C3 Mini-Lathe Metalworking Beginners
What the heck is a collet? Do I need one on my mini-lathe?
The word "collet" is a classic example of something with which everybody in metalworking and engineering is completely comfortable and understands as second nature. However the newcomer can only look blank and hope guidance is coming along in a minute.
A collet is, put very simply, a device for holding something. So does a chuck you say! Well, a collet is really a type of chuck. A chuck is really a sub category of collets. A collet is a bit of metalwork which allows you to strongly clamp a collar around whatever it is that you are tryng to hold in your collet. Most of the initial confused about collets is down to the fact that the term is used for many different items in many places in the metalworking workshop. You’ll have collets on the tap wrench, collets in the mini-lathe, collets on the mini-mill or micro-mill. Everywhere!
I would imagine you have a Dremel drill, right? Everybody has one of these small hand-held drills popularised by Dremel. Now, your dremel drills and other accessories are usually mounted on an untapered metal shaft. You unscrew the ring on the front of the dremel, insert the tool, and tighten the outer ring. This clamps the tool firmly in the dremel, well aligned with the axis of rotation of the drill. That mechanism for holding the tool is a collet.
The term collet refers to any job or tool holding device which works by clamping down onto the part.
The main use of collets in my metalworking workshop is the collets I used to hold milling tools in my micro-mill. The back end of the collet is a Morse Taper. This means that it slots into the tapered spindle on my micro-mill. An M10 drawbar extends down the top of the micro-mill and engages the thread at the rear of the collet, putting it up firmly into the spindle. Because of the large mechanical advantage gained by using a spanner to turn the drawbar, the collet clamps very tightly onto the tool.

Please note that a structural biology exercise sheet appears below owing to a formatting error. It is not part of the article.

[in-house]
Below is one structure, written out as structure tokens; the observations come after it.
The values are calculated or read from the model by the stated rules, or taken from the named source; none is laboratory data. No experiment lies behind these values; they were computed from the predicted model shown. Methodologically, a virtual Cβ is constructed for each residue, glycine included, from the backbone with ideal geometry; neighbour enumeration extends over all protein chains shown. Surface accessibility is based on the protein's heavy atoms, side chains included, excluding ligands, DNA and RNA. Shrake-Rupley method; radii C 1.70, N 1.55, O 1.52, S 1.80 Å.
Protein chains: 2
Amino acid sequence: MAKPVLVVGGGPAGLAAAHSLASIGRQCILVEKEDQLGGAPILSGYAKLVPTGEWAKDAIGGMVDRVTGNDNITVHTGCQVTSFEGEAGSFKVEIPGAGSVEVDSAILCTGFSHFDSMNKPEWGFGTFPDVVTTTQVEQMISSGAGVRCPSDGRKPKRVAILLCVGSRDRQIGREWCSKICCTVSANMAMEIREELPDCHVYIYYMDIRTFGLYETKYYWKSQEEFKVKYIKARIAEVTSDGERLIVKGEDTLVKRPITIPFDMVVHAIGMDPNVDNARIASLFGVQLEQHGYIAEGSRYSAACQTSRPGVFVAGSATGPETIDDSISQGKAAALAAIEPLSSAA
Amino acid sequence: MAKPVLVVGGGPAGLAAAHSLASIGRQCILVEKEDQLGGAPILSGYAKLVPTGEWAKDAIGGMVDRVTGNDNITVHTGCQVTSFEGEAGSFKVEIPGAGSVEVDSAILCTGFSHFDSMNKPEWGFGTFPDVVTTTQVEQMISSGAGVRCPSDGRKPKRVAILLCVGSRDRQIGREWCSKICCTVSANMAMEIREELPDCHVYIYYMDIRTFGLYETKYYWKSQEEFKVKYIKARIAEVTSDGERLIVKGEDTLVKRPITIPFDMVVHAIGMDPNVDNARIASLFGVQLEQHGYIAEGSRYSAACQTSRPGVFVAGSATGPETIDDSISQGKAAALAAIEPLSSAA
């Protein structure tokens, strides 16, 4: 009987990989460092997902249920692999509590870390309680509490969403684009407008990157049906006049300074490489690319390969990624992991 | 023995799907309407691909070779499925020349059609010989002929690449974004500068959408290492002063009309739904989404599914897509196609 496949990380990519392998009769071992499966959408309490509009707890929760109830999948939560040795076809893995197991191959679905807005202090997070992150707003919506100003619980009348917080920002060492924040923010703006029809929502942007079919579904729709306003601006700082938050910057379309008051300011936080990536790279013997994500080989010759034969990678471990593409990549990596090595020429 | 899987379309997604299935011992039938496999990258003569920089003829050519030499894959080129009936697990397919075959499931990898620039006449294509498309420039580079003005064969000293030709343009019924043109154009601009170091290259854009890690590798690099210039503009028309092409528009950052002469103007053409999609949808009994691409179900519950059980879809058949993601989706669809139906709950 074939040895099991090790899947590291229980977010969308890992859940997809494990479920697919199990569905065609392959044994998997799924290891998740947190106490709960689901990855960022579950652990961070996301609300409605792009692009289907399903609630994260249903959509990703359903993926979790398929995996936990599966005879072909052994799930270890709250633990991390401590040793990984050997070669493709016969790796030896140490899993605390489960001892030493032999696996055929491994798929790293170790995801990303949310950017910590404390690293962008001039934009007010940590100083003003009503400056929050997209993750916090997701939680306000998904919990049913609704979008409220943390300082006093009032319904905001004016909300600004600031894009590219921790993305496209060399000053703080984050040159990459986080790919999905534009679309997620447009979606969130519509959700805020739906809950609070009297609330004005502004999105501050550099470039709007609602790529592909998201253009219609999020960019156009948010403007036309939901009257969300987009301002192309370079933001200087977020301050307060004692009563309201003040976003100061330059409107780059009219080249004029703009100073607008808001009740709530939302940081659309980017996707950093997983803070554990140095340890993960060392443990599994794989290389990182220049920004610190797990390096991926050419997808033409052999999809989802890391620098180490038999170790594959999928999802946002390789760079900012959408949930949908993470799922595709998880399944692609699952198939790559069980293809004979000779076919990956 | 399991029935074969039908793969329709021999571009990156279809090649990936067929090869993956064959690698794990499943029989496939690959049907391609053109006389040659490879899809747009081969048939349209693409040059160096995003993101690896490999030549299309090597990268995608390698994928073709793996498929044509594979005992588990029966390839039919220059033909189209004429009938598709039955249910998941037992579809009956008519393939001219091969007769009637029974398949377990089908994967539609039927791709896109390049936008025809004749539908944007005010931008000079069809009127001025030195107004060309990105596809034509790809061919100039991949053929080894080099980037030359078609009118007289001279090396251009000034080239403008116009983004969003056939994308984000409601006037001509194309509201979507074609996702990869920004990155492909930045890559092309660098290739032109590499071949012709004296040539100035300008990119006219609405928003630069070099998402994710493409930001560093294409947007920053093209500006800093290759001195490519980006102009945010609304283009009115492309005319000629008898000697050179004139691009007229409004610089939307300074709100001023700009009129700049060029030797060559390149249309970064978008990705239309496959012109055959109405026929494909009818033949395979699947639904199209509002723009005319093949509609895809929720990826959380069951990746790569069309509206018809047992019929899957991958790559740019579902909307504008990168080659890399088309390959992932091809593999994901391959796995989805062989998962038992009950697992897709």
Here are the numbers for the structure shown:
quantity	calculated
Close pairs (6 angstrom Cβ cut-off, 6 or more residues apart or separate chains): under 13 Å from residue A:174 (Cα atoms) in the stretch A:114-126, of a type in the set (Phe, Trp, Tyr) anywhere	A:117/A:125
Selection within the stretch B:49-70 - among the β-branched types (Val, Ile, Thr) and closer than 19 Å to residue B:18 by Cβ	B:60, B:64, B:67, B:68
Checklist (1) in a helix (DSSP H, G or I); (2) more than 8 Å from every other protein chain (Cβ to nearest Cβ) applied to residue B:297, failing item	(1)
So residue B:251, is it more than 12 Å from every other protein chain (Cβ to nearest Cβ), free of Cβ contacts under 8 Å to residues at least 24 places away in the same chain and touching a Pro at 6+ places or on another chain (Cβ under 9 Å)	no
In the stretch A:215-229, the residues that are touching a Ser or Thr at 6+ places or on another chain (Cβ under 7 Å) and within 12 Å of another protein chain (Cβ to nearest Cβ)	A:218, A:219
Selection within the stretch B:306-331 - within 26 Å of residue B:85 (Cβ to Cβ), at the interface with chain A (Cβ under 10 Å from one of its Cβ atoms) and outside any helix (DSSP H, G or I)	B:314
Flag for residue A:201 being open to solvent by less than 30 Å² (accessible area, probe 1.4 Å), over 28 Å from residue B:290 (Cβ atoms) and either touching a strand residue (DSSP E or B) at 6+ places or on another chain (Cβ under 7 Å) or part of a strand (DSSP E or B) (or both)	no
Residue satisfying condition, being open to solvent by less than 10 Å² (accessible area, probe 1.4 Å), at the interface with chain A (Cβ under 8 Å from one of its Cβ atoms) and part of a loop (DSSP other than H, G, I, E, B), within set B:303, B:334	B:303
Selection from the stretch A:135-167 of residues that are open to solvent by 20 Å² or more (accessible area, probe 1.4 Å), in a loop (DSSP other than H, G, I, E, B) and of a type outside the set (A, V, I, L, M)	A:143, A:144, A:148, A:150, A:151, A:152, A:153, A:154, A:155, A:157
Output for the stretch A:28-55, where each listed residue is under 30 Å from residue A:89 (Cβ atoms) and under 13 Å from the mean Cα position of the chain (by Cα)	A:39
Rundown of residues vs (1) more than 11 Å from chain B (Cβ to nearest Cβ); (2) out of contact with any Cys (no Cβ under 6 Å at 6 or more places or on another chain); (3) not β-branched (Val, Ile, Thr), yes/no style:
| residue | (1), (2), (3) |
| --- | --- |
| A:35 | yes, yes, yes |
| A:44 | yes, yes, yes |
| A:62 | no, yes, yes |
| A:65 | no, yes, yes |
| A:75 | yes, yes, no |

Collets can also be used in a similar fashion to hold work in the mini-lathe. Instead of using those collets to hold milling tools in my micro-mill, I could remove the chuck on my mini-lathe, and insert the collet into the headstock spindle. This could be used to hold a workpiece very firmly, and, more importantly, better centred than could be achieved with any self-centreing chuck.
The basic list of advantages of a collet are:
Of course, my two collets are great if your item is either 6mm or 10mm diameter. For anything else, I would have to purchase additional collets – and that can quickly get very expensive. However, there is a simple cost-benefit. If I am making up 100 items, all of which are 12mm diameter, it might make more sense if I purchased the required collet rather than spend several minutes centering the job in a 4 jaw chuck, one hundred times over!
Bright and shiny collet sets can be found in toolshops – beware these are exceedingly tempting and extremely expensive, and you are not likely to use them all. Think carefully before buying!
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